As the coronavirus pandemic continues to circle the globe, millions of Muslims around the world will celebrate one of their biggest religious festivals, Eid al-Fitr.
Eid al-Fitr is Arabic for “festival of the breaking of the fast,” and this year’s celebrations, which begin the evening of May 23, will likely look a lot different due to the pandemic. The festival marks the end of the Muslim holiday of Ramadan, the ninth month of the Islamic calendar. Muslims abstain from eating and drinking from dawn until sunset during Ramadan, which is a time for spiritual reflection, fulfillment and reaffirming of faith.
The holiday begins with a greeting of either “Eid Mubarak” or “Blessed Eid,” both of which can be translated to “have a blessed holiday.”
Here’s what you should know about Eid al-Fitr:
When is Eid al-Fitr observed?
The timing of Eid al-Fitr is based on sighting of the crescent moon per the Islamic lunar calendar. It can be difficult to predict when the festival will occur in each country.
While some Muslims wait to see the moon themselves, many either use the calculated time of the new moon, or base it on the declaration made in Saudi Arabia or Turkey.
Ramadan amid coronavirus:Muslim hearts ache as coronavirus keeps us apart during Ramadan
How will Eid celebrations be different amid coronavirus?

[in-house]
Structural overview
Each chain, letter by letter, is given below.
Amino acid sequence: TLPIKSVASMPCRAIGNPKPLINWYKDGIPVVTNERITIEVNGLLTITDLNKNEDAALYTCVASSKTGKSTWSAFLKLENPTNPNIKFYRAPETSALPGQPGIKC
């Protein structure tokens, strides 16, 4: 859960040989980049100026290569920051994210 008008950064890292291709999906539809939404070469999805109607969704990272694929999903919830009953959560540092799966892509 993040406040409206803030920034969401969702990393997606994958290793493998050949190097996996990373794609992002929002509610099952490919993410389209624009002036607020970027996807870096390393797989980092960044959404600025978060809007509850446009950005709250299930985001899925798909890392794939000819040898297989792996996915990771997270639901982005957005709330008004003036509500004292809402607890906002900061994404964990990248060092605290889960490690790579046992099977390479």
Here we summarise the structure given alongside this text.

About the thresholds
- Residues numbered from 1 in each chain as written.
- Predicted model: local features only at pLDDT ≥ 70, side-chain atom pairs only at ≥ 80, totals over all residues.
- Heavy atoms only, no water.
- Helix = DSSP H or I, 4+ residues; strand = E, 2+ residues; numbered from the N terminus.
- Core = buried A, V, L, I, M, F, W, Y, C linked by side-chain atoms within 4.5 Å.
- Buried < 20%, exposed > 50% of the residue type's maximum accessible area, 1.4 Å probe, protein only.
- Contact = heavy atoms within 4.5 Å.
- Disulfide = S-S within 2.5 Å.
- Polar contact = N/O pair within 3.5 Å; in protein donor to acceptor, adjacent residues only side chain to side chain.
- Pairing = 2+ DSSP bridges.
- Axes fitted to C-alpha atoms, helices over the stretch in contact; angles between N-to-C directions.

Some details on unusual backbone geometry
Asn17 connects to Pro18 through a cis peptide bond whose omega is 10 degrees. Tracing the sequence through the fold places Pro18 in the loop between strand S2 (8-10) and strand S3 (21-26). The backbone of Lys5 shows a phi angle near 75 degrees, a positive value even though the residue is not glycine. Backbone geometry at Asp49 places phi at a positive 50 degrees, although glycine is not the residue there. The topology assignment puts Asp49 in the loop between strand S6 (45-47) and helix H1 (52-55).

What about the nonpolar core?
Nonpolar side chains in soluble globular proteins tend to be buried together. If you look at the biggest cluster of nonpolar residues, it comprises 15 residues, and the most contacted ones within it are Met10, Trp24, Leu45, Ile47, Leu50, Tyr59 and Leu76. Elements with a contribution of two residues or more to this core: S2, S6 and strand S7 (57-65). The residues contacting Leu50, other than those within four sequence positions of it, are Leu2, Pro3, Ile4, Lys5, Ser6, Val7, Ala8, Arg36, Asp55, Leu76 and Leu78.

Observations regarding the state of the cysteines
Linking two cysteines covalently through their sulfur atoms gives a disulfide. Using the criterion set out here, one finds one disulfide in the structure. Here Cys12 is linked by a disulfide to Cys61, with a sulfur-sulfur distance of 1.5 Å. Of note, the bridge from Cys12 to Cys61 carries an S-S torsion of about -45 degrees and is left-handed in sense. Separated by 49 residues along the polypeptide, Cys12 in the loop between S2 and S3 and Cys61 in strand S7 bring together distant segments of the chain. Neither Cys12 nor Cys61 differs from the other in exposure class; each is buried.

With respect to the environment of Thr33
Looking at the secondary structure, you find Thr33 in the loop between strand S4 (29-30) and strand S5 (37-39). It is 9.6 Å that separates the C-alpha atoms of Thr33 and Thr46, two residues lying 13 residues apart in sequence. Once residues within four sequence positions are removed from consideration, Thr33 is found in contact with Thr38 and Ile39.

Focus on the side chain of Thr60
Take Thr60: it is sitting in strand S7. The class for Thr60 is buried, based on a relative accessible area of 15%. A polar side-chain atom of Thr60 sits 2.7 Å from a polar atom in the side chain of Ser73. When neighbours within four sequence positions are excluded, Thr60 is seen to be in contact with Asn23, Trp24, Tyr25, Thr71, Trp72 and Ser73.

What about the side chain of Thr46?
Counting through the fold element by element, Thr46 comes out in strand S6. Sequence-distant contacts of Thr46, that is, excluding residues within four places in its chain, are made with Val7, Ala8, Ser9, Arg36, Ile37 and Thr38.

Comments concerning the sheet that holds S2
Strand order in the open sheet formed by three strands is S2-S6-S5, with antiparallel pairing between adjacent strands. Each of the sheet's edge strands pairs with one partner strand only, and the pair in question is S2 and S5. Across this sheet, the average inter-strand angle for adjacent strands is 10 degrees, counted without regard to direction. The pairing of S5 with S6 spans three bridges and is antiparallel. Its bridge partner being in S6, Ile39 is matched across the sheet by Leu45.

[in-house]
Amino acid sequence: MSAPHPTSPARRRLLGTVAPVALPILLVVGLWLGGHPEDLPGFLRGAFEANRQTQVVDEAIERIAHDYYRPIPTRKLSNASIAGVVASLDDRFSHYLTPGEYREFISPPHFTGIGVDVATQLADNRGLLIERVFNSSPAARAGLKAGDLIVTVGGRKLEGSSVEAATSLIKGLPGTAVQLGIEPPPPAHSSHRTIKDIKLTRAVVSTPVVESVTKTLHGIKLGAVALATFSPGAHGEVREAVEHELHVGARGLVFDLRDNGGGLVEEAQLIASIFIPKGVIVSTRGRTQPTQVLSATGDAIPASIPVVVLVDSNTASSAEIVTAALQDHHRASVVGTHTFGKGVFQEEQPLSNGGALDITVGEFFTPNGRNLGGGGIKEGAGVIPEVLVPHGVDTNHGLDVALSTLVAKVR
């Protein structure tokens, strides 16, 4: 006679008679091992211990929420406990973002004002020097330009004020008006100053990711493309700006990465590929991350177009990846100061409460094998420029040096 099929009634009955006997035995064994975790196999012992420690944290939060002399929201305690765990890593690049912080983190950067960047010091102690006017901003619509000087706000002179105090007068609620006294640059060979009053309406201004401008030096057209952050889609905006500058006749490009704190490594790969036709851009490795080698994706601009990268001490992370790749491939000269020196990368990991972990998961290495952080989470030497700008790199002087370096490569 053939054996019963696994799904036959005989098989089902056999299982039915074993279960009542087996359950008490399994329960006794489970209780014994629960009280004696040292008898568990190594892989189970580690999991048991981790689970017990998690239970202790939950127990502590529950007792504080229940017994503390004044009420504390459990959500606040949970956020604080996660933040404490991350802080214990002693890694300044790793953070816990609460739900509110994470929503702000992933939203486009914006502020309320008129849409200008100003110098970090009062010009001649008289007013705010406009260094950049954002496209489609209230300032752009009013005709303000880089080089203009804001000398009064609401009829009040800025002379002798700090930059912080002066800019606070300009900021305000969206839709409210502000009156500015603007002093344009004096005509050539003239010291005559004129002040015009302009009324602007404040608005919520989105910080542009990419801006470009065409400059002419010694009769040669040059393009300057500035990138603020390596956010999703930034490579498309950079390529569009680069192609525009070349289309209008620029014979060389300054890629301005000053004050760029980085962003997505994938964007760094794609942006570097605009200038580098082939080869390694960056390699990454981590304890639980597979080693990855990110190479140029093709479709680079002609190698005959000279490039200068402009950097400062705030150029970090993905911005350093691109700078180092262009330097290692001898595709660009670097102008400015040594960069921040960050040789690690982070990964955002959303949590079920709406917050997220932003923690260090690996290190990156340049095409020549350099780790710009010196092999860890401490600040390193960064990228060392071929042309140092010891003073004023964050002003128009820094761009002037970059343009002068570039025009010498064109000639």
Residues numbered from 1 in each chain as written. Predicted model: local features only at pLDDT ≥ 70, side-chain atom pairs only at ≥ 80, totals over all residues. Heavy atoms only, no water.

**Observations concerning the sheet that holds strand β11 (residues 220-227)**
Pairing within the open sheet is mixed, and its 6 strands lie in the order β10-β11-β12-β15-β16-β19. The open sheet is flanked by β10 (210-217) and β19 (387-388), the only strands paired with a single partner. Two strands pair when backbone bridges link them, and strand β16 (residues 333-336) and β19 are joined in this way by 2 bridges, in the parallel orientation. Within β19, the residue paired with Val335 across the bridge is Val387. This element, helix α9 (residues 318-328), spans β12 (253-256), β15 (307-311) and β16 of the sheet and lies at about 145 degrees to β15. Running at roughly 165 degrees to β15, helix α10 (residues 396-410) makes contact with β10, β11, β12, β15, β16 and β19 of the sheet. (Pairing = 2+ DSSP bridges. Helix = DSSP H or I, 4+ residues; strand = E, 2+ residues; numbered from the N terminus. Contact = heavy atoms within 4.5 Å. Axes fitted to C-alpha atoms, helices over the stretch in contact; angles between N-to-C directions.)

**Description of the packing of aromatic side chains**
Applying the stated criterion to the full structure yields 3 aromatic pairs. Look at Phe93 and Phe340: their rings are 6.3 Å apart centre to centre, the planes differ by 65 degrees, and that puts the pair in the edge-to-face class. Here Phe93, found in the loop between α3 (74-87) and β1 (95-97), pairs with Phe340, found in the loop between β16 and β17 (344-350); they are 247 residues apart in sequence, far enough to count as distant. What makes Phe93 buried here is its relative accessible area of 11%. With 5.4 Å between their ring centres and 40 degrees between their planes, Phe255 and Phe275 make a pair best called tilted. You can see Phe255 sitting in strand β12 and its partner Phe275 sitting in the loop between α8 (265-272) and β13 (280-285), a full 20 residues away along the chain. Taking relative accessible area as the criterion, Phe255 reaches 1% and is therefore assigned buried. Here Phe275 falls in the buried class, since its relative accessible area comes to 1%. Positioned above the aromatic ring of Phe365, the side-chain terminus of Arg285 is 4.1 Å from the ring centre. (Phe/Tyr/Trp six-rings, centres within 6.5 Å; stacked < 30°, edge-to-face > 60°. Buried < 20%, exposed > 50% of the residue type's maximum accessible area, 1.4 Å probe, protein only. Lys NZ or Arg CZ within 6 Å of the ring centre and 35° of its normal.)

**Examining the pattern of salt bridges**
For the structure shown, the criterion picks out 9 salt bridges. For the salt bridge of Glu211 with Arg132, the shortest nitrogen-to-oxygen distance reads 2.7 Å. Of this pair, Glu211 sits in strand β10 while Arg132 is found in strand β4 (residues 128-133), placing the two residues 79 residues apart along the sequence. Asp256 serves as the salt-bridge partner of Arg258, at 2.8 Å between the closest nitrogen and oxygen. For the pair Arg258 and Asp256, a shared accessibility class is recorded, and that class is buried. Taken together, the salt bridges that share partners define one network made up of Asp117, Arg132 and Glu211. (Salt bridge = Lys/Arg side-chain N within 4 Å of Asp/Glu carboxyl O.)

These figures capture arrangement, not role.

Typically, Muslims gather at mosques and prayer areas in the morning to perform Eid Prayer and greet each other. Other traditions include visiting friends and relatives, hosting food parties and sharing sweets.
This year, Muslim families isolated at home during the coronavirus quarantine will miss those communal traditions. Instead, many are creating prayer spaces inside their houses modeled after the places where they normally would worship.
Can’t go to mosque during Ramadan?:Families make ‘mini-mosques’ at home amid coronavirus
Home decorating for the holy month is not a new tradition, but it’s taken on new significance this year because of the isolation wrought by the pandemic. Families want to keep the festive spirit of Ramadan, especially for children who look forward all year to the holiday.
During Eid, children get new clothes, shoes and cash gifts called “Eidi” from their elders and relatives.
Since mosques had to close their doors, many Islamic institutions and foundations opened more virtual spaces to help Muslims worship and offer guidance during the pandemic.
The holiday is considered a time of forgiveness and of giving thanks to Allah for helping people to complete their spiritual fasting. Many Muslims display their thanks by giving donations and food to those less fortunate than themselves.
How long is the Eid festival?
Eid is a three-day celebration and in most Muslim countries, Eid is observed as public and school holidays. In the U.S., many employers and schools allow time off for Muslim workers and children – particularly in areas with a high Muslim population.
How should you greet Muslims on Eid al-Fitr?
The most standard greetings on this occasion is “Eid Mubarak” which means “have a blessed Eid.”
Contributing: Waseem Abbasi and Joshua Bote, USA TODAY